The Ghanaian Cedi has recently experienced persistent depreciation against its major trading partners. This paper investigates the contribution of inflation and monetary policy in this persistent depreciation. The paper makes use of the Autoregressive Distributed Lag (ARDL) and Bounds test of cointegration and the Toda and Yamamoto (1995) Augmented Granger Causality test to determine the long and short-run dynamics of the impact of monetary policy and inflation on exchange rates in Ghana, using data ranging from 1970 to 2017. The paper finds a short-run depreciation effect of contractionary monetary policy on the exchange rate, reflecting the exchange rate puzzle. The long-run results however show an appreciating effect. Inflation is also found to depreciate the currency both in the short and long-run. The causality tests also reveal a bi-directional relationship between the exchange rate and the inflation rate, while a unidirectional causal relationship exists between monetary policy and the exchange rate. The paper recommends that inflation stabilization policies should be prioritized in Ghana, as a means to curb the rising exchange rates. Improvement in terms of trade through export value promotion should also be given the needed attention as this is found to appreciate the currency in the long-run.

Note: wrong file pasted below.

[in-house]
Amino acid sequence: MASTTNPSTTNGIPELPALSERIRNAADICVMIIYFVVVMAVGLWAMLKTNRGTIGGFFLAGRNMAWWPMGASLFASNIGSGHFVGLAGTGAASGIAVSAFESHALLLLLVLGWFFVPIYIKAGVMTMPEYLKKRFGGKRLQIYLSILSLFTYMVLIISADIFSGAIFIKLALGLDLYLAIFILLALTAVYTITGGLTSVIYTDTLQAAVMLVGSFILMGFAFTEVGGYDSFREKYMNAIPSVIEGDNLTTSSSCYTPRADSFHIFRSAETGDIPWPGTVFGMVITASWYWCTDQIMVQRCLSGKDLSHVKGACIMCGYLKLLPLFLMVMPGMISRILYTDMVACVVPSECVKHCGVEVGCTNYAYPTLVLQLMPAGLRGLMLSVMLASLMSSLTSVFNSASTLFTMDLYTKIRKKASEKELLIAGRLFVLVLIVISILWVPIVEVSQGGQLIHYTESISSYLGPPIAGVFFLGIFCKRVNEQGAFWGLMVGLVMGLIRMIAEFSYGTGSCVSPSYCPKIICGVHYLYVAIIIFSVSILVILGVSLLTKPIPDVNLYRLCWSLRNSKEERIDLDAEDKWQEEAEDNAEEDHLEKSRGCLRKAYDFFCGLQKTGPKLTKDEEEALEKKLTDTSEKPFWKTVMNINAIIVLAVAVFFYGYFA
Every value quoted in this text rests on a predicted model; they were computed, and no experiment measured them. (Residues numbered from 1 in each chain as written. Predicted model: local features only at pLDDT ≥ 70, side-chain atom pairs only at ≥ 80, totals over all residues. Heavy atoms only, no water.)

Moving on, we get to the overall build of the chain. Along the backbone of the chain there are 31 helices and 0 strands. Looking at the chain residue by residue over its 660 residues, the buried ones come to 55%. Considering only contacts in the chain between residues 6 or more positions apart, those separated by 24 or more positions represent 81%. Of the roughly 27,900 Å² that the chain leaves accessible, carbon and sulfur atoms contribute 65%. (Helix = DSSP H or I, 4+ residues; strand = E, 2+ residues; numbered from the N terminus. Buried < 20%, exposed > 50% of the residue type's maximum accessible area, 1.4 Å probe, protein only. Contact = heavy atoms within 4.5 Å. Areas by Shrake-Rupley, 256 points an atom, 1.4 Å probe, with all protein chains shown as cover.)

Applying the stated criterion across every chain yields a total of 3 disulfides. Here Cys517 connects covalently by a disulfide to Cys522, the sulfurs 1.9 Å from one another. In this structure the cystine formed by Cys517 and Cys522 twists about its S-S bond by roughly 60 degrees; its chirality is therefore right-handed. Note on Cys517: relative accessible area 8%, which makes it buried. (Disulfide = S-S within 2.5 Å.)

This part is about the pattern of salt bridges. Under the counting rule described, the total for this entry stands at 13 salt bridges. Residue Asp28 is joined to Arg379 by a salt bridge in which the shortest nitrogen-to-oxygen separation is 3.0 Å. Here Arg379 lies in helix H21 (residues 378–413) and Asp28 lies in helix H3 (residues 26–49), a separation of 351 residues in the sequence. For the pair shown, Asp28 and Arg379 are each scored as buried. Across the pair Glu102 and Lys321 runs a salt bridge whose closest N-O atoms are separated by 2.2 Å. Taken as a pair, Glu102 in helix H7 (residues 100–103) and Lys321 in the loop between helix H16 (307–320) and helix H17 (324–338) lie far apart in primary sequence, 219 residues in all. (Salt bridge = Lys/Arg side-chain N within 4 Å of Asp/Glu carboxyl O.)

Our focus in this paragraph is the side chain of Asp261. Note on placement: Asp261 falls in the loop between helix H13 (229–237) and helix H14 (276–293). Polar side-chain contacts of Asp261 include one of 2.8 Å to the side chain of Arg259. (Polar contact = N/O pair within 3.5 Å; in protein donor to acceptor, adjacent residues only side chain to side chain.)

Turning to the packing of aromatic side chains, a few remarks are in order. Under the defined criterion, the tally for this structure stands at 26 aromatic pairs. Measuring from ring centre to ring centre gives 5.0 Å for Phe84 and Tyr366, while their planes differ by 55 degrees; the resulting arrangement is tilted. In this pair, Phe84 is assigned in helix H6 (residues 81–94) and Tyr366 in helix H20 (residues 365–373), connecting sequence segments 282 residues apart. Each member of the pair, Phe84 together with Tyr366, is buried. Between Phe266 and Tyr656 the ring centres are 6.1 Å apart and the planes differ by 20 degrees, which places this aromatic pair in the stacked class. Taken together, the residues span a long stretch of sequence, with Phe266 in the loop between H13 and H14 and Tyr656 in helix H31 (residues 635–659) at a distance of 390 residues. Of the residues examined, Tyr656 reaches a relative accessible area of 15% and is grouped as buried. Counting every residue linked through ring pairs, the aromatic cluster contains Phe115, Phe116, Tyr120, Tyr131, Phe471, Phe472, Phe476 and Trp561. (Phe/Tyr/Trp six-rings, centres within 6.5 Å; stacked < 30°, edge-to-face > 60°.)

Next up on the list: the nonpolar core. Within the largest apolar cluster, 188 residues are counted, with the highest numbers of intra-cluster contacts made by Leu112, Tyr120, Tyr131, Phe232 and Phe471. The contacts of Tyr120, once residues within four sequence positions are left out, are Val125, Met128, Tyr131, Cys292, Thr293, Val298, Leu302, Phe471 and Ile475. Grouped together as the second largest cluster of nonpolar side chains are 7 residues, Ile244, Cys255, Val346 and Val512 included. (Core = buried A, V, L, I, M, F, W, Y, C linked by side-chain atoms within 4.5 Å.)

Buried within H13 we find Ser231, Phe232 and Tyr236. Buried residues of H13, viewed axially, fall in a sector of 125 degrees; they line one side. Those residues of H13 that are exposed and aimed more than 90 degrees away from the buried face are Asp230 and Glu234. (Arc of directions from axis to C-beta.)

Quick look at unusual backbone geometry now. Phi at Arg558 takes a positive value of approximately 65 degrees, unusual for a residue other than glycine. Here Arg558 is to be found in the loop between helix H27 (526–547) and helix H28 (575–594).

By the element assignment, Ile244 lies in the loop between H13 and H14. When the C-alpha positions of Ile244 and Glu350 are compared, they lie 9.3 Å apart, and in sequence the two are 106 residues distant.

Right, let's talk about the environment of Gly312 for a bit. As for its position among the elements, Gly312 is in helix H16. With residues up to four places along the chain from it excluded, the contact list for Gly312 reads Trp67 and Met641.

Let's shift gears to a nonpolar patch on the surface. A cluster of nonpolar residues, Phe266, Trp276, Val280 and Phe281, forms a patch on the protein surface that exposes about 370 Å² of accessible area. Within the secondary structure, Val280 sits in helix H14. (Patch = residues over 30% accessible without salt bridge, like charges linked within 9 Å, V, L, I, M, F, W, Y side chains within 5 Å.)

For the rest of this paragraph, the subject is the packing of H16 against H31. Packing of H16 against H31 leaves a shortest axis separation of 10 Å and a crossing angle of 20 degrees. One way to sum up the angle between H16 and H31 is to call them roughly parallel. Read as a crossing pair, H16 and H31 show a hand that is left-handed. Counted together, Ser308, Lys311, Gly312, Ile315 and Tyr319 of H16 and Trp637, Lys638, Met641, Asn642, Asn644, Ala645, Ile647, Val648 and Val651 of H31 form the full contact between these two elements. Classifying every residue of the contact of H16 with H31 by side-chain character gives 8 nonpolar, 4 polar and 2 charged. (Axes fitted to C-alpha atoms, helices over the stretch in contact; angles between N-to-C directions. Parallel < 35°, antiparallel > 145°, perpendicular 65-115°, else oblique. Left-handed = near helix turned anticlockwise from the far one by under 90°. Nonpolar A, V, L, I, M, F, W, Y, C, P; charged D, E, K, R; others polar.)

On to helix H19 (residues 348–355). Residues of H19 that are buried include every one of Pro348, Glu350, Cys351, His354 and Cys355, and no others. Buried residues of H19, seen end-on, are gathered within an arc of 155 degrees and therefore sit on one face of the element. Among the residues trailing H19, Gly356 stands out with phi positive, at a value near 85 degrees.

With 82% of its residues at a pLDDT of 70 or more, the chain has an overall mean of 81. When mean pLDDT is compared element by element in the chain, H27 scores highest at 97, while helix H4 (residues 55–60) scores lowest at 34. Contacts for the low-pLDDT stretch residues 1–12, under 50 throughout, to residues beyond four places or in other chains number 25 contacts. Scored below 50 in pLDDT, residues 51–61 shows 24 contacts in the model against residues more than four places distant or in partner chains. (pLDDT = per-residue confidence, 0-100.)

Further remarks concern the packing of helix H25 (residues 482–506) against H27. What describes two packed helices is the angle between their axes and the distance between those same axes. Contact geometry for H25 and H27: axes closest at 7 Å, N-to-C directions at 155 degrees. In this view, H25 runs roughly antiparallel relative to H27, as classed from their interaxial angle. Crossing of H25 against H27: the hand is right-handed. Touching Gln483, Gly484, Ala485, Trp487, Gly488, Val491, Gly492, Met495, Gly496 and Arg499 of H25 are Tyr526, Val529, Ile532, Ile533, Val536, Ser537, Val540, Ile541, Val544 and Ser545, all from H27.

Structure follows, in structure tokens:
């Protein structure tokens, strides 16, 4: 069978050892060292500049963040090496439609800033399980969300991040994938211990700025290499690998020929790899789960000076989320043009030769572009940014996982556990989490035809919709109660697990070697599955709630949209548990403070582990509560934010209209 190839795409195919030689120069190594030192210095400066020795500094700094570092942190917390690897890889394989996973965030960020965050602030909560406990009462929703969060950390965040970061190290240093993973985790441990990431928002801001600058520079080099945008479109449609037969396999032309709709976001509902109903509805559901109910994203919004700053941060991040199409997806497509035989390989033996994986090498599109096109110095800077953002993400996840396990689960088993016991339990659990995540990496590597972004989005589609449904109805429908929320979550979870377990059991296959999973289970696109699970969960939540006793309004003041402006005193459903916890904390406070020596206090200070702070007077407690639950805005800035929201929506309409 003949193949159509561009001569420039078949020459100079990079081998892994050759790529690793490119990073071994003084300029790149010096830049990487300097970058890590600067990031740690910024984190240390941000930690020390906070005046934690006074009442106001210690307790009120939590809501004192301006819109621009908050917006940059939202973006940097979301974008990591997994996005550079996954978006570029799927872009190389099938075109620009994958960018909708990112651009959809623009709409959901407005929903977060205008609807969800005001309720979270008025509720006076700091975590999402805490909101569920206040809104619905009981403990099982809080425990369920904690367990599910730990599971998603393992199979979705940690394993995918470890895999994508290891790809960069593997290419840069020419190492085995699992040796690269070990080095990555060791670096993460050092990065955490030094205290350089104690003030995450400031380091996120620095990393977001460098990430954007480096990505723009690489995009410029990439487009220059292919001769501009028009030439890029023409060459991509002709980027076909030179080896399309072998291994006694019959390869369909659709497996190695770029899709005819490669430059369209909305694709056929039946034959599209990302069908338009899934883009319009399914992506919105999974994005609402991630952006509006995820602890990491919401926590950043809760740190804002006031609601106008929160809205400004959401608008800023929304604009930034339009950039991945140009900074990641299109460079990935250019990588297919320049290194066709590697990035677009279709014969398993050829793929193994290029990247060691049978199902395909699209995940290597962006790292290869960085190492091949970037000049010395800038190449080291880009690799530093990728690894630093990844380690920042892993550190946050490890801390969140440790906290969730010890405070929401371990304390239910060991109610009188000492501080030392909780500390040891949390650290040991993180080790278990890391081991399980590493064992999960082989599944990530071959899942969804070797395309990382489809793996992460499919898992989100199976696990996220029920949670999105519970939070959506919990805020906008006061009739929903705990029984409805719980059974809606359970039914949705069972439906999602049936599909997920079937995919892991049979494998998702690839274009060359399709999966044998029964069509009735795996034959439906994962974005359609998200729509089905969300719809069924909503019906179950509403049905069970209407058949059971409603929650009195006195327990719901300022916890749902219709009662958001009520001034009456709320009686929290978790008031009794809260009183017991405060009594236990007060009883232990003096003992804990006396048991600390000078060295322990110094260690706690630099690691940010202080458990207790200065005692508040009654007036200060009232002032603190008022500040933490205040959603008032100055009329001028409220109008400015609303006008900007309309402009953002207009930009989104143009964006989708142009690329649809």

Key words: Exchange rate, inflation, money supply, Autoregressive Distributed Lag (ARDL), cointegration, Ghana.
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